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Chris LoCurto

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August 25, 2011

How To Attract The Talent You Need

August 25, 2011 | By | 8 Comments">8 Comments

Hiring is always one of the most daunting tasks for a leader. Obviously you have work that’s not getting done, or you’re stretching your current staff beyond acceptable long-term limits. You have to spend a ton of time going through resumes of people who don’t fit the position.

Someone will spend a lot of time making initial calls, calls on past employers, calls on references, etc. And that’s before you begin the process of sitting down with strangers, asking tons of questions, hearing….interesting answers, and hoping that you find a gem! Then, if you’ve made the same mistake as most leaders, you hire someone only to find out later that they weren’t right for the position. Thus starting the process all over again.

If that’s ever been you, you’re not alone. I don’t know of a single leader who doesn’t have some hiring war stories. It happens to us all. The key is to do everything you can to fix the process. Tim Sanders was doing our devotional one day and he said it’s okay to make mistakes, just don’t make the same one twice.

We have a pretty good track record of hiring people at Dave Ramsey‘s office due to the massively long hiring process we have. I’ve written a few posts on how to do it right, but I wanted to take this time to tell you about an important element of your job posting that should save you a decent amount of time. It should be obvious that you need to write your job description in such a way as to attract the talent that you need.

However, you should write your posting in such a way as to attract the personality style that you’re looking for. For example, we have a ton of families that take their vacation to come to Financial Peace Plaza. Some to celebrate getting debt free, some just to get an extra shot of enthusiasm in their arm. Either way, we wanted to do something special for those folks when they came in. Our thought? Taking our book store and expanding it to add a large coffee shop with cakes and cookies and someone incredible to run it.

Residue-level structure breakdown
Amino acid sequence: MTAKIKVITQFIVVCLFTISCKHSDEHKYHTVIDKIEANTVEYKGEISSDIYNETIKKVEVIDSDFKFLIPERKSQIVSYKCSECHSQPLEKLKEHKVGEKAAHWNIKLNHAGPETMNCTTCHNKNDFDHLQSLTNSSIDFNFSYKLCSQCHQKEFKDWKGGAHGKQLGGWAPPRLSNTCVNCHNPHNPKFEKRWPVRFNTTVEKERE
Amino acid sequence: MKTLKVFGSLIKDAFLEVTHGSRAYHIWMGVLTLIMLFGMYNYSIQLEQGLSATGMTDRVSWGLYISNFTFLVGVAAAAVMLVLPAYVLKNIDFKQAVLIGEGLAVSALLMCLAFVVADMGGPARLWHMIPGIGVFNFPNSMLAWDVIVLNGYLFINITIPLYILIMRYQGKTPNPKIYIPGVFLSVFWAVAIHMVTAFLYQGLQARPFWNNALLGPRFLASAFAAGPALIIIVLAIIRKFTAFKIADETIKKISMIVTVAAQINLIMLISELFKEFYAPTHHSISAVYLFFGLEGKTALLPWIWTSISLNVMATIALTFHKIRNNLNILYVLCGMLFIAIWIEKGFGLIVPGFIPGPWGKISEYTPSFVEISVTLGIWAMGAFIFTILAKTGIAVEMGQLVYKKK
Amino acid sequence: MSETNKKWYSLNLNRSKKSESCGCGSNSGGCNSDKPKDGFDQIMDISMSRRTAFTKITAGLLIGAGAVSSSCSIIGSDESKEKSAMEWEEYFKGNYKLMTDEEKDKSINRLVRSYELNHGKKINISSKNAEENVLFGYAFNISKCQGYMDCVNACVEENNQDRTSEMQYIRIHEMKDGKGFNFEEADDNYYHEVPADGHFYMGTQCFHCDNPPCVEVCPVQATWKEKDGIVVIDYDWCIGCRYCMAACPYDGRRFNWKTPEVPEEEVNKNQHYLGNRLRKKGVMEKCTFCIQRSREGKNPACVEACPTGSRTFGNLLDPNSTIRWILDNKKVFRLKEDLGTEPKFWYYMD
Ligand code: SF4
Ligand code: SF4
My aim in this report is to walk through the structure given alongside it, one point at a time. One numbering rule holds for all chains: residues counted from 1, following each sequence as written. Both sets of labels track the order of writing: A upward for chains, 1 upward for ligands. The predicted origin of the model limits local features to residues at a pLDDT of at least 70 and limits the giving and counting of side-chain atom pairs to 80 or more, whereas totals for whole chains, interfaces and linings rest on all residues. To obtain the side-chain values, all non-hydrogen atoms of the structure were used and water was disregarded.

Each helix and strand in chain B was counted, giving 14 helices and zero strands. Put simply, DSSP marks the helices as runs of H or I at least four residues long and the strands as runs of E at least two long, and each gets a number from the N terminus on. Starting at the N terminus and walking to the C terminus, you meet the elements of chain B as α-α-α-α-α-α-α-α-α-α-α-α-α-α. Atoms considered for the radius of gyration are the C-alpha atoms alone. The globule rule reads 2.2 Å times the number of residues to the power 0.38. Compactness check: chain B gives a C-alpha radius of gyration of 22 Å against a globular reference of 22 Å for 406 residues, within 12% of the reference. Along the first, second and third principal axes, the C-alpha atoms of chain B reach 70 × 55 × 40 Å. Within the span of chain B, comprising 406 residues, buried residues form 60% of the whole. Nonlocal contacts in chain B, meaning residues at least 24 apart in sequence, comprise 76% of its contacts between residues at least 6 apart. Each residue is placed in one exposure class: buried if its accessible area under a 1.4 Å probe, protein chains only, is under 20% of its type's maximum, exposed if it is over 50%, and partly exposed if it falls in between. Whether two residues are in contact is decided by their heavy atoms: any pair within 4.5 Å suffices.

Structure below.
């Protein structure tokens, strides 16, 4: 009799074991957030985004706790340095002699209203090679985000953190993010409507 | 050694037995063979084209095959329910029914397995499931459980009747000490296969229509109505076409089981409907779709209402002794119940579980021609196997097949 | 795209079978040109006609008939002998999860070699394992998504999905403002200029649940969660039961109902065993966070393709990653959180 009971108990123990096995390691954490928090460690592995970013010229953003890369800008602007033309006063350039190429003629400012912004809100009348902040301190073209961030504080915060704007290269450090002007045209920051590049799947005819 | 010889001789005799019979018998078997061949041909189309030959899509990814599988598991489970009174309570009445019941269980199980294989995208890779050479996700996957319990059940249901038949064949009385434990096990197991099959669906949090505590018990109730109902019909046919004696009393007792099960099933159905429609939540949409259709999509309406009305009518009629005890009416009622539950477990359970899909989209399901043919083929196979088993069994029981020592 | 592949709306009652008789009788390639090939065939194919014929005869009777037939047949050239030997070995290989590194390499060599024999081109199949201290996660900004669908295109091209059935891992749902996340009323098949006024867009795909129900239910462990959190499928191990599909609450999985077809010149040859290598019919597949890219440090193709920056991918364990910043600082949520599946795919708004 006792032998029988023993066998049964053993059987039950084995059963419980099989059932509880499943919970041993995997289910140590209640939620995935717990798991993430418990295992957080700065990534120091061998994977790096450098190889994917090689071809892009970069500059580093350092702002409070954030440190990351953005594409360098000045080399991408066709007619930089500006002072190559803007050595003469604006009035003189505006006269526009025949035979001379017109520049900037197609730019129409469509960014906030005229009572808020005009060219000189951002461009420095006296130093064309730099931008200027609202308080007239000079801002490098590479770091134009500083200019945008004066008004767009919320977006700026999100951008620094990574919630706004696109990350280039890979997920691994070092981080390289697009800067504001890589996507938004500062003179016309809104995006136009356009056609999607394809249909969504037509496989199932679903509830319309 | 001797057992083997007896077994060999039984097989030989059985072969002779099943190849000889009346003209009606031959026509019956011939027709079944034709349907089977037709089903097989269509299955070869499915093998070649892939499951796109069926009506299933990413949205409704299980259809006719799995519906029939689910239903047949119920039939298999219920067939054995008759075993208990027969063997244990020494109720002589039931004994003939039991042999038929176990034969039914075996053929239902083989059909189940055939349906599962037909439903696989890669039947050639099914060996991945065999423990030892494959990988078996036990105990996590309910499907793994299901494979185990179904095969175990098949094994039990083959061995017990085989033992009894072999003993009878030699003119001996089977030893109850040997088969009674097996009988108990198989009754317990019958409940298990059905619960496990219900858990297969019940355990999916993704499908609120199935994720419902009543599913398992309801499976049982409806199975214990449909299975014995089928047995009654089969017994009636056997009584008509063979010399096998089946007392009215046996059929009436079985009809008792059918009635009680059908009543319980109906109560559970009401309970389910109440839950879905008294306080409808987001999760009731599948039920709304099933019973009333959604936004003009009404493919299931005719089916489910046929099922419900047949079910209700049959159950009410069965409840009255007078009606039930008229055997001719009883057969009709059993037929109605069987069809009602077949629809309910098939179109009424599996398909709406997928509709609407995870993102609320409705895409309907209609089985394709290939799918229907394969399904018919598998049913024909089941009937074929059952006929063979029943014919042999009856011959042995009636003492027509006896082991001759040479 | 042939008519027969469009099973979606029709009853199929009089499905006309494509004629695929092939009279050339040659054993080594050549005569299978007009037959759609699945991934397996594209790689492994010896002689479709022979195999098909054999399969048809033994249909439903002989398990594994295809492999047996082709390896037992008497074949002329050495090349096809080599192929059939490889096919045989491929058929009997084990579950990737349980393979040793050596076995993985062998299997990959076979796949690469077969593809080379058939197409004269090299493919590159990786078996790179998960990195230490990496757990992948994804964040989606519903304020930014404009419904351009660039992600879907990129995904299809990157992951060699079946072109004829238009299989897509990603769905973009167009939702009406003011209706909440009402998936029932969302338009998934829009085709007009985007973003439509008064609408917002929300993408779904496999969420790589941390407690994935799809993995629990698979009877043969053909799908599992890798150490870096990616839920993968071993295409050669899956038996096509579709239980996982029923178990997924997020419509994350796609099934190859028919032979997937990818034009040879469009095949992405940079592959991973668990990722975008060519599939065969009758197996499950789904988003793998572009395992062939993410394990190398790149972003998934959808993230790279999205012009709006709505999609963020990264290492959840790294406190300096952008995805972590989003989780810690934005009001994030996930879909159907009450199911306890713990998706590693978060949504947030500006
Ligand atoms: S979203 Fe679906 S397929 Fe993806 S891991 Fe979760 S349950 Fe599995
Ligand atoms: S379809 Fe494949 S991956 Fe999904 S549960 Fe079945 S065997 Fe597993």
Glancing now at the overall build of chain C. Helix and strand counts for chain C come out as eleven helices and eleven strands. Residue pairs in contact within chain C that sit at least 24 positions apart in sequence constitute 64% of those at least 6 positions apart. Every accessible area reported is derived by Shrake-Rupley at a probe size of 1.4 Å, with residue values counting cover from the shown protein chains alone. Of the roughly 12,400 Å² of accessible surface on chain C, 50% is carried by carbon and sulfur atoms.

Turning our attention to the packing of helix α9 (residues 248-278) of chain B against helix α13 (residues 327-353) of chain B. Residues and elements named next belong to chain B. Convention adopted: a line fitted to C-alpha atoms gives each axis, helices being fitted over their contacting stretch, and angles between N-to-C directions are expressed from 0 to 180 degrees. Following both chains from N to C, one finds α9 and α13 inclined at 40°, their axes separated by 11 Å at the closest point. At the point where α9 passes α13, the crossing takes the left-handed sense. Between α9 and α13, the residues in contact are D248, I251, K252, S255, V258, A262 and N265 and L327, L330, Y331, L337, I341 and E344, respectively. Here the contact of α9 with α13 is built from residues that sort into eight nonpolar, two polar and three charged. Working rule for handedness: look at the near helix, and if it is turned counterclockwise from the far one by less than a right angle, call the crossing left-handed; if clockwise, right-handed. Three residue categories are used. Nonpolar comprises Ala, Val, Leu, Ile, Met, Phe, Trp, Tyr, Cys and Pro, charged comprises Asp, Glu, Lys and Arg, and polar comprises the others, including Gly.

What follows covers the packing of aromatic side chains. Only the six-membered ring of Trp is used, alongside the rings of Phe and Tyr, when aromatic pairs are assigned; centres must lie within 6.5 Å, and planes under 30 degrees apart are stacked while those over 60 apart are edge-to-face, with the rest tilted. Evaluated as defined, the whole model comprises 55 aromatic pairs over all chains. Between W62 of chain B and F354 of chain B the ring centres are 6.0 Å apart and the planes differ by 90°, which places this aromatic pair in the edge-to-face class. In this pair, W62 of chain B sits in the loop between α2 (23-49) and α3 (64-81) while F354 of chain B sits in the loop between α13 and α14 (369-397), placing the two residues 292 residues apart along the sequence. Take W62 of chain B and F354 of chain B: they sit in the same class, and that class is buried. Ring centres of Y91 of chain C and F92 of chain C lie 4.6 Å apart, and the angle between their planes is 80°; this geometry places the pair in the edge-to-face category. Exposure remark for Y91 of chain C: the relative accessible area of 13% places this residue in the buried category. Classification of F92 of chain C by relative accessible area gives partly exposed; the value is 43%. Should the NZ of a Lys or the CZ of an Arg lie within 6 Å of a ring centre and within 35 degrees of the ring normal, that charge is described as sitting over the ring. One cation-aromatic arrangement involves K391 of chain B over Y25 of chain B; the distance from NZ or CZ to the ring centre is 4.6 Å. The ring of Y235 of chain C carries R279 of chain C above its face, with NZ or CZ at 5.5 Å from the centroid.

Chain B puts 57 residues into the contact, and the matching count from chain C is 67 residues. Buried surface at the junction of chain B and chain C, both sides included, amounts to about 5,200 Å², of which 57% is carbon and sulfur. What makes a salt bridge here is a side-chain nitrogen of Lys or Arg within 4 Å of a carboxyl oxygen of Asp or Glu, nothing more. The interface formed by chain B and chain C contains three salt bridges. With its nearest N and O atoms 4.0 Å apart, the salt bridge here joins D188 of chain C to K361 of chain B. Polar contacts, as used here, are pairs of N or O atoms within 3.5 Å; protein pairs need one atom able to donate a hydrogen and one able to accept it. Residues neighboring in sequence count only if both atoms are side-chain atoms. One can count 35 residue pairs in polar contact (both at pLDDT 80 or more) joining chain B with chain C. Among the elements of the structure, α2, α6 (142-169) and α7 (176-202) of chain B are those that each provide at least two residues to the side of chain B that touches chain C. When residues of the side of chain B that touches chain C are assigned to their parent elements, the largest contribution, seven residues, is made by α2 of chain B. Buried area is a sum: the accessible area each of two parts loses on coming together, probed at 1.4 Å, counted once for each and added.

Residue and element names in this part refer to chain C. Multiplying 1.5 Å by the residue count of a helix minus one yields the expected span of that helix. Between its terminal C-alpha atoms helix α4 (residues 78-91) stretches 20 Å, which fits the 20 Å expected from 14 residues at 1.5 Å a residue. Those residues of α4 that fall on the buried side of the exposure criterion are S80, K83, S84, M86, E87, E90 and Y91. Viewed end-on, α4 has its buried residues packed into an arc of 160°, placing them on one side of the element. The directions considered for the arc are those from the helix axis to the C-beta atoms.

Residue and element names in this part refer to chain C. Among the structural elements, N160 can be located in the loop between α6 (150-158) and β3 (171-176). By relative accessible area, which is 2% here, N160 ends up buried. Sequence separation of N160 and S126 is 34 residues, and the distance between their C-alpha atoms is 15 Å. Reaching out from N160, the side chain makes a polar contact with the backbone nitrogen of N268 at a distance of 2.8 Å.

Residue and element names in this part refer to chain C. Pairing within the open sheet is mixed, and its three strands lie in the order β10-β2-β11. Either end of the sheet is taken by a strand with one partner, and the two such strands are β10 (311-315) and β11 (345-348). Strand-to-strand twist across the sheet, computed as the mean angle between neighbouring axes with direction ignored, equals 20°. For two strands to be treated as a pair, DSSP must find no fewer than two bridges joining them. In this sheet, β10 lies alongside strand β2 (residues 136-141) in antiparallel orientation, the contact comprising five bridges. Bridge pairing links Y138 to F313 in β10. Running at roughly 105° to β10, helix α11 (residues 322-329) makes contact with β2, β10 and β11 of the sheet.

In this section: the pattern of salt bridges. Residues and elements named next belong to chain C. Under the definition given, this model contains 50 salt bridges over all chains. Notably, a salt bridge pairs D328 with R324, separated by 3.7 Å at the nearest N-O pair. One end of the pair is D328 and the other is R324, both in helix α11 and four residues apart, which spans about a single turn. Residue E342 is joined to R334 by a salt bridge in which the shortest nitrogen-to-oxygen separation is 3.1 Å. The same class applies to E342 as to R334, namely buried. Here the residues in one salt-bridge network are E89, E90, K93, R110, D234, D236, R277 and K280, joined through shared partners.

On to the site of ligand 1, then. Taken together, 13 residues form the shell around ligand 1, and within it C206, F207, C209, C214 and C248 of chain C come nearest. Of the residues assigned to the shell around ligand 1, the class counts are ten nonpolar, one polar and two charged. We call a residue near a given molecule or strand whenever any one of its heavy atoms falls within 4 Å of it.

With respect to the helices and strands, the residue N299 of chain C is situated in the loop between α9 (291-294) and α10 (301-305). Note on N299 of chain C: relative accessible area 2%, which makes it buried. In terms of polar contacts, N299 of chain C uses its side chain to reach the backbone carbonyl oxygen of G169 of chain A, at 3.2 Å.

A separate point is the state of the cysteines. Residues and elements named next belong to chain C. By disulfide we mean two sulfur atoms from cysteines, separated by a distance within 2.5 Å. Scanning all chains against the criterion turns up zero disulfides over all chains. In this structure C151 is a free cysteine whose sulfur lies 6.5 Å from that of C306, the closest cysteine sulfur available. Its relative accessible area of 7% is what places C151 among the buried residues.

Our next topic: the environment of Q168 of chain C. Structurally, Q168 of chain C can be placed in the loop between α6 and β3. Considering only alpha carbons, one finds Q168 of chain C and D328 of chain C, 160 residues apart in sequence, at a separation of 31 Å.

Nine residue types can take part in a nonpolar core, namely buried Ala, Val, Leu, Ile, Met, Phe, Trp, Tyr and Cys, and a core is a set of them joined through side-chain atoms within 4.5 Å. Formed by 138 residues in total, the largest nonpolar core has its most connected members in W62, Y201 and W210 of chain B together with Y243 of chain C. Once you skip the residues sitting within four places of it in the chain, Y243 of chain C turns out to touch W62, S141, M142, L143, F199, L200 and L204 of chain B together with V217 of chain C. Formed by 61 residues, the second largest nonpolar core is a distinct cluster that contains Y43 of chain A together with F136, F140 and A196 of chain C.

Now, if I posted a job listing for the person to run that, and I didn’t explain what we were looking for in that person, we would have had a ton of resumes from hard charging driver personalities with a goal of expanding our coffee-house empire by adding five more stores within the first year. But that’s not what we were looking for.

Instead, we wanted to give coffee, cakes, and cookies away for free. Yes, free. If these folks were going to take their hard-earned vacation to come see us, we wanted to bless them in the process. Also, we wanted someone with the heart of a servant, the heart of a host/hostess, not someone who was interested in watching the bottom line. Therefore, we needed to post this listing in a way that asked for someone who had hospitality running through their veins.